When the city of Strasbourg began to address its commitment to renewable energy  the council officer knew they had a lot of work in front of them: there was only a sprinkling of renewable energy generators located within the city. Doing it alone was not seen to be a viable option. Motivated by a political commitment to energy democracy and citizen participation, the city decided to bring local people into the discussion and investigate what kind of role they could play within the energy transition.

The head  of the Strasbourg renewable energy department Gerard Pol Gill was involved in the process from the start. His department’s analysis showed  the important role that solar would need to play in the city’s future energy mix. Gerard commissioned a local company to lead on a stakeholder mapping process, and find supportive citizens interested in building locally owned solar energy.

On-going support

After a year of late night meetings, a group of like minded people emerged, who would go on to form a small yet solid core group of eleven. With the group starting to take shape, the municipal energy team continued to provide on-going support throughout the cooperative’s early days. The renewable energy department convened a series of public meetings with energy experts on the basics of solar energy and establishing an energy coop. Speakers from groups that had initiated similar projects nearby were invited to attend and share their first hand experiences of the basics of solar energy and establishing an energy coop. The idea of setting up a group that could continue to work in its own right was then proposed.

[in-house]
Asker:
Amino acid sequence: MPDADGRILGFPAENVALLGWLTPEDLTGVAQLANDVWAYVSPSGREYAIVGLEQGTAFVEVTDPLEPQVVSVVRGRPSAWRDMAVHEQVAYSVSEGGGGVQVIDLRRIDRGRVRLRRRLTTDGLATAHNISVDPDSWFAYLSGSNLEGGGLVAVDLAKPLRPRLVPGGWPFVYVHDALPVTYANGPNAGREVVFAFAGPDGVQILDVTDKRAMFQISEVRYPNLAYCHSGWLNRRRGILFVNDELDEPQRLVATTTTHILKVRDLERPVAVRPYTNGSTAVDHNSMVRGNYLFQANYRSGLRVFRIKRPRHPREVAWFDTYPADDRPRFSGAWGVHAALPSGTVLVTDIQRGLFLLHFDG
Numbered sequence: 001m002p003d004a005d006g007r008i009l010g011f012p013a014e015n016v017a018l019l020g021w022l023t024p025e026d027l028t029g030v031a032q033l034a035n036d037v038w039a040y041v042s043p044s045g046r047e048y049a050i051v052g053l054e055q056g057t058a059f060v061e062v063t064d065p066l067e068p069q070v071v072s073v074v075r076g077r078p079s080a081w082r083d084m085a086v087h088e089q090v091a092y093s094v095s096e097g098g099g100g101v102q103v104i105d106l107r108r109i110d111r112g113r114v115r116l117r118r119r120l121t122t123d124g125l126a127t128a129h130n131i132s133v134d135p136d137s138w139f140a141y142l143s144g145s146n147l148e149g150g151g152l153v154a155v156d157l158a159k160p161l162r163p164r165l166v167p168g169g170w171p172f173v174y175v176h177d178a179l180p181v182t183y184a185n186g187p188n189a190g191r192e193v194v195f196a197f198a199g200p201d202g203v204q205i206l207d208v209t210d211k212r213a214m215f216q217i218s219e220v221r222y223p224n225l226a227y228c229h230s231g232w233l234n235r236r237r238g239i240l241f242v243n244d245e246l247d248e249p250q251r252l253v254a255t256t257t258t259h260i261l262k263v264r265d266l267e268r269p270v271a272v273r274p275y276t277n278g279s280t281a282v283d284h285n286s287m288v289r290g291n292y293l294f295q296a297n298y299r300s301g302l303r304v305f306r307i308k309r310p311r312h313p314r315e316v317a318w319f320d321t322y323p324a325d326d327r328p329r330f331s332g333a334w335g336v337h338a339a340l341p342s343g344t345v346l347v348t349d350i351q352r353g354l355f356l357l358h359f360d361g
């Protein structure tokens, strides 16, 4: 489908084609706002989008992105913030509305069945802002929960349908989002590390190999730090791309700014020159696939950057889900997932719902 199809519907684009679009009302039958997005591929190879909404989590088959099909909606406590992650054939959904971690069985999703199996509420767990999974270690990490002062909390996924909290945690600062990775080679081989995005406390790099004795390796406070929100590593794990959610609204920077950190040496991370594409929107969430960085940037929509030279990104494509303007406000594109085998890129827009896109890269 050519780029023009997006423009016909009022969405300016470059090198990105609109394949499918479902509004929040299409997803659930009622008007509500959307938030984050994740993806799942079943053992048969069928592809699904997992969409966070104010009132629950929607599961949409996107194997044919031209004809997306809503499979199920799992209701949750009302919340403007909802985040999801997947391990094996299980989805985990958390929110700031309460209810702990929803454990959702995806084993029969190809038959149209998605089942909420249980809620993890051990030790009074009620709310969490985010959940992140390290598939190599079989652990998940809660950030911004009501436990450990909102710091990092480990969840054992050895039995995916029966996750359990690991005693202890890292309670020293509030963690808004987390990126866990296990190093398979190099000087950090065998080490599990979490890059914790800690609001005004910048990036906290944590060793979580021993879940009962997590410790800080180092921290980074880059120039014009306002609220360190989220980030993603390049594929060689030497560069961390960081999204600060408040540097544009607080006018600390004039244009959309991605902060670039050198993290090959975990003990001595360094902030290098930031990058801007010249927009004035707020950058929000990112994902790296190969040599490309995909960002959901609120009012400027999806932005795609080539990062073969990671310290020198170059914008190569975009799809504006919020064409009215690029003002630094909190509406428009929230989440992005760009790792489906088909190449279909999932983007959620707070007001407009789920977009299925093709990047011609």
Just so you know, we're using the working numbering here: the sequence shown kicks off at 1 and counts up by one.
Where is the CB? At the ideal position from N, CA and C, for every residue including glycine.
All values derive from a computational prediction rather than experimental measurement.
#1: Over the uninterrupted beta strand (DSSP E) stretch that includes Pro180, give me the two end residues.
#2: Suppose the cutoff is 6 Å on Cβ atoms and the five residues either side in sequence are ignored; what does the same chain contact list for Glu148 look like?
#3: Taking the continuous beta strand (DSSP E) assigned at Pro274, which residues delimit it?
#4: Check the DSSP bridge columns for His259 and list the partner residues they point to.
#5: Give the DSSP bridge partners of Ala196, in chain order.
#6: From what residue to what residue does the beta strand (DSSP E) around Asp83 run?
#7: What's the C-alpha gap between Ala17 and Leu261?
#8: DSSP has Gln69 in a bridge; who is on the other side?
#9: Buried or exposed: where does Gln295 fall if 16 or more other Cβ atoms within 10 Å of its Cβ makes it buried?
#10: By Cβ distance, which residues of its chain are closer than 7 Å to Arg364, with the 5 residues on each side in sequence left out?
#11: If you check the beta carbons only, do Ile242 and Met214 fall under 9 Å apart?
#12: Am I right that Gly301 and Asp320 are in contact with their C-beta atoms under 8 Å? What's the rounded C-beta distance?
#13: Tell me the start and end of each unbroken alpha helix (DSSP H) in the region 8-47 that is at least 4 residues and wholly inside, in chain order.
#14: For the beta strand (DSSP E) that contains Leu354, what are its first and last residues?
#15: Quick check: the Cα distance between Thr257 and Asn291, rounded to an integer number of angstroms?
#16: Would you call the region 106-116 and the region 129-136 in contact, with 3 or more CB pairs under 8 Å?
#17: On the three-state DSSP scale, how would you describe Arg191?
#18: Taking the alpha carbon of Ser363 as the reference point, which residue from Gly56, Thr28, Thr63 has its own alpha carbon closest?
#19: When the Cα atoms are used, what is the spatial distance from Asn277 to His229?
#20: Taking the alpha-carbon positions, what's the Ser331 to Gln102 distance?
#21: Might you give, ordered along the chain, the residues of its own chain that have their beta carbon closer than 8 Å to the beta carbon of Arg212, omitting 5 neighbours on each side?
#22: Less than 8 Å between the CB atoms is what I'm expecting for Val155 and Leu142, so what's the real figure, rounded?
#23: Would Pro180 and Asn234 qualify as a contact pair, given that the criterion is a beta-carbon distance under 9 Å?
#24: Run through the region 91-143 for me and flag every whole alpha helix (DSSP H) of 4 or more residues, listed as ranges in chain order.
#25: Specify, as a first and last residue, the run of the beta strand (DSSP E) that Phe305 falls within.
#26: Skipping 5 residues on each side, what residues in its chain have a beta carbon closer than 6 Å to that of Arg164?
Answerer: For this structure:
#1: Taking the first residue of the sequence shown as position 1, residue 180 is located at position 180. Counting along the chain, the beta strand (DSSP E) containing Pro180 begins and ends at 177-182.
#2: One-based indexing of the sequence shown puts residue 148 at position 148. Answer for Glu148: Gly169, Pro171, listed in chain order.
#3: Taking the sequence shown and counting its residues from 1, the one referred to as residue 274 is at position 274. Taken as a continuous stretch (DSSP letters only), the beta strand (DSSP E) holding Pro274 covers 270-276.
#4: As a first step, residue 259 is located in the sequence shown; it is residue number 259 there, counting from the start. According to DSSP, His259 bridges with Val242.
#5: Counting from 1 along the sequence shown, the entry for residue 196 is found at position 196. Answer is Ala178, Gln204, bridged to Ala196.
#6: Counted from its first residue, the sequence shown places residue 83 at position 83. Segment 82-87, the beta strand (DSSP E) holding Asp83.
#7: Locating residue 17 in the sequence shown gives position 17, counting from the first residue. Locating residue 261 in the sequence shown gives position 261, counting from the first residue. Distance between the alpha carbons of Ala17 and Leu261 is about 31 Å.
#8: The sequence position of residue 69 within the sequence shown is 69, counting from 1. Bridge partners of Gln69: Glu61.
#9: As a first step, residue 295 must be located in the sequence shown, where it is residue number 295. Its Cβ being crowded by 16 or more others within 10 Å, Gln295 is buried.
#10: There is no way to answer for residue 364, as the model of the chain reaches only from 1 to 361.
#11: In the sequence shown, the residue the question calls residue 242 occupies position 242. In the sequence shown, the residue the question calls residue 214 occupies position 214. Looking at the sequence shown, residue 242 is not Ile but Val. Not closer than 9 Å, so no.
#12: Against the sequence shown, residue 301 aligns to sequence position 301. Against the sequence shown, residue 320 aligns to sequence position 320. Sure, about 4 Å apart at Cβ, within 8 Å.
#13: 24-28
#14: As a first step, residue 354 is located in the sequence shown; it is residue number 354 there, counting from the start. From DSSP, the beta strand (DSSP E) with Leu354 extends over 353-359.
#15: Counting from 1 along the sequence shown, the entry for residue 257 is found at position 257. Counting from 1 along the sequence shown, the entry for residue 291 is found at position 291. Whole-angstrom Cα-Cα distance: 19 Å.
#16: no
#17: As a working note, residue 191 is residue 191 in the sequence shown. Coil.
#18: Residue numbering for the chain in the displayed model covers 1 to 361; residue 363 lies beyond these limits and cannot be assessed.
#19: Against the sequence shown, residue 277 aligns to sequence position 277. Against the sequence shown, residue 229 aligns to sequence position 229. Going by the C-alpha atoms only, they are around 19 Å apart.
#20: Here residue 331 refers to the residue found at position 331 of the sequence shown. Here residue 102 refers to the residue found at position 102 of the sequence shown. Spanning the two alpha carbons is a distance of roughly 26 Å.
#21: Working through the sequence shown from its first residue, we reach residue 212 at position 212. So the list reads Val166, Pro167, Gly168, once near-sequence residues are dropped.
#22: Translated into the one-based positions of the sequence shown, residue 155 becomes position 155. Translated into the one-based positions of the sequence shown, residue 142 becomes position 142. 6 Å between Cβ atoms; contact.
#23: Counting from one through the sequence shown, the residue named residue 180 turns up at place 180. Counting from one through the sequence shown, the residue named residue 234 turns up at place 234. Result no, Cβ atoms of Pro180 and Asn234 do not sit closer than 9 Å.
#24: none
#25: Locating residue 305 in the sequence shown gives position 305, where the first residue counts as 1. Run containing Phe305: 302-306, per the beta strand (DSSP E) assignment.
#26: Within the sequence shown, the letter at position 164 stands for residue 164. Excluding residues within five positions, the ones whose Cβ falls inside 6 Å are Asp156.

With the group deciding to take on the task, the municipality continued to support the cooperative throughout its set-up phase, through a regular presence at the coop meetings, offers of advice and support, and work building relationships with the wider municipal administration.

The coop was interested in finding suitable municipal roofs to build a solar installation. The municipal energy team led on engaging with the right people in the legal, procurement and administration teams to assess the terms on which the roofs could be leased to the cooperative, and how the municipality could act as a stakeholder within the project. Even though there was good will for the project both by the electoral and municipal staff, it was still a real learning process for everyone involved and one that they continue to work through.